Malaria Vaccine Trials and Immunity
We want to develop a vaccine that will prevent deaths and severe illness in African children. We must therefore evaluate our vaccines in an African setting as soon as is appropriate. Dr. Moorthy coordinates both small Phase I studies and larger efficacy studies at several sites within The Gambia in West Africa.

These are conducted in collaboration with the MRC Laboratories in The Gambia. Studies involve first healthy adults and then healthy children aged 1-5. In this way we hope to facilitate vaccine development for African children. A team of about 20 staff within The Gambia conduct this work. These include field workers, nurses, medical, laboratory and computer staff.

The Gambia in West Africa

The Gambia is a small mostly rural country in many ways typical of sub-Saharan Africa. Malaria is the biggest killer of young children in The Gambia and Africa, killing one child every 30 seconds in Africa. Communities are often keen to be involved with malaria vaccine research as they appreciate the contribution they are making to the development of a vaccine for their children. The team is also actively engaged in an outreach programme explaining the background and rationale for our work at both community and national levels through community workshops, drama-based education, high school peer educator programmes, video production and interaction with the national media.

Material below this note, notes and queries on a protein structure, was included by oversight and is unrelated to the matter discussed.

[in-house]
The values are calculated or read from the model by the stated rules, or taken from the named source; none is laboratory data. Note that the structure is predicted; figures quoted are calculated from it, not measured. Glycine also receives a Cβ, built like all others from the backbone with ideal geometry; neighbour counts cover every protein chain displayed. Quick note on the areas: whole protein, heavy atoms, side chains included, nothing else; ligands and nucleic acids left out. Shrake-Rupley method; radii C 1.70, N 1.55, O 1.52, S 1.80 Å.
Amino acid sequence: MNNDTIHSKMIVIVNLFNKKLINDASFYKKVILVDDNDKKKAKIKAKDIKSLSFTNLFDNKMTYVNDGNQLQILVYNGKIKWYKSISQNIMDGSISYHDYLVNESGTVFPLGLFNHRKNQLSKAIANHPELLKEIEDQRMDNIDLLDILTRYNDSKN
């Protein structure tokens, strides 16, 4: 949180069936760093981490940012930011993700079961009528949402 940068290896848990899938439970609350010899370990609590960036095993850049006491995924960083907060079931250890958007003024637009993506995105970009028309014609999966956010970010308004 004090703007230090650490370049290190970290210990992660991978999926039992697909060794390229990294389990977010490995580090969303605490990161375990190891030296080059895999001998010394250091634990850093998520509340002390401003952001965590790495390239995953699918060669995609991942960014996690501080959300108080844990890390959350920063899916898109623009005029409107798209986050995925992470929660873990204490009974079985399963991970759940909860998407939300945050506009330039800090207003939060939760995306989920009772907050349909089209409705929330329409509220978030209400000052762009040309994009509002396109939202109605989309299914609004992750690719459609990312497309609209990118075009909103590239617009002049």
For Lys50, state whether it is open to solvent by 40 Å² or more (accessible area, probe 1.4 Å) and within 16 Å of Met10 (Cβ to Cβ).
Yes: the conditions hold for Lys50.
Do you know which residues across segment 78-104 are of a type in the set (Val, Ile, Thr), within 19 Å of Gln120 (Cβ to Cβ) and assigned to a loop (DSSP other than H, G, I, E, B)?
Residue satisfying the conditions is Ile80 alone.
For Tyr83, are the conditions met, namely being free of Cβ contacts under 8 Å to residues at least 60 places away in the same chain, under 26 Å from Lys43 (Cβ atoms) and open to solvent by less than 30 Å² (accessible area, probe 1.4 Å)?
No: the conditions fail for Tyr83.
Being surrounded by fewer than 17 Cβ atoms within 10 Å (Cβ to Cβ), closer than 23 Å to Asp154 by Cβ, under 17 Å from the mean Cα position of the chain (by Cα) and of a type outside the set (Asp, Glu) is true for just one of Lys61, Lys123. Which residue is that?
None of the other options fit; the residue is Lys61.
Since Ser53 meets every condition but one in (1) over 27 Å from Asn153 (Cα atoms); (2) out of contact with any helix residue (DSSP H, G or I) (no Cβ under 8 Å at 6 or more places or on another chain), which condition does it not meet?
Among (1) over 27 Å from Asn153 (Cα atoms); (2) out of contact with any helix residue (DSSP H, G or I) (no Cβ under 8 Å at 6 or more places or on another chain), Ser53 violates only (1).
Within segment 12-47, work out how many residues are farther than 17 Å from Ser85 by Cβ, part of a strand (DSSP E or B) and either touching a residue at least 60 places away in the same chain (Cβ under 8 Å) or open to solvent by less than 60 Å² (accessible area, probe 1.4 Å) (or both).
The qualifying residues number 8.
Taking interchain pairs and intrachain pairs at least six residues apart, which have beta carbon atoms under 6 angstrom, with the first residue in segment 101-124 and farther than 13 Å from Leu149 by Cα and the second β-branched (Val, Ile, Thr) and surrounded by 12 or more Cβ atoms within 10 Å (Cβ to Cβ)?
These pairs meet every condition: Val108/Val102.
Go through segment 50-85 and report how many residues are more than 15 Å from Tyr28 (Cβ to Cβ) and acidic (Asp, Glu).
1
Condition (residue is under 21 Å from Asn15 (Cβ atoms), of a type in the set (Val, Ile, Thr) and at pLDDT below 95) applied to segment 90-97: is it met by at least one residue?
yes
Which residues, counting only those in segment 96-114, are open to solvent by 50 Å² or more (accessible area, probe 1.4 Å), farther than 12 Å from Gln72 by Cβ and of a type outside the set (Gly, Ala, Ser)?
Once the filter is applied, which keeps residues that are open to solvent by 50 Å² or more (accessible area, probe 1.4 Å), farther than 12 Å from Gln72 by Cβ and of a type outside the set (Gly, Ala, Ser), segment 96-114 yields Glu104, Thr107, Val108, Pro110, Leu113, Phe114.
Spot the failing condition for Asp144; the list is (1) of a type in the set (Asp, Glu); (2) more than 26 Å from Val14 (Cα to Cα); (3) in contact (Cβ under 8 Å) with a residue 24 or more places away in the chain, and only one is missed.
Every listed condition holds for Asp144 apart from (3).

Field Station in the Gambia
Follow-up visit

Access to treatment with a successful malaria vaccine is one important aspect of any development programme and we work with funding organisations such as the Malaria Vaccine Initiative who accept this principle. Collaboration with other malaria vaccine research groups in Africa and the western world is also a necessary prerequisite for success in this field. We collaborate with the US Walter Reed Army Institute of Research and GlaxoSmithKline in particular for both our UK and Gambian work. Field trials in other African sites are likely to start in the near future.

Protection in The Gambia

Protection in The Gambia is assessed during the malaria transmission season which starts in September and runs until the end of the year. Volunteers are vaccinated before the transmission season with either the study malaria vaccines or rabies vaccine (the volunteers do not know which). The volunteers are seen weekly and assessed for malaria infection. If at the end of the malaria season there were fewer cases of malaria in the group who received the malaria vaccines compared to the group who received the rabies vaccine, then we know that the vaccines are having some effect.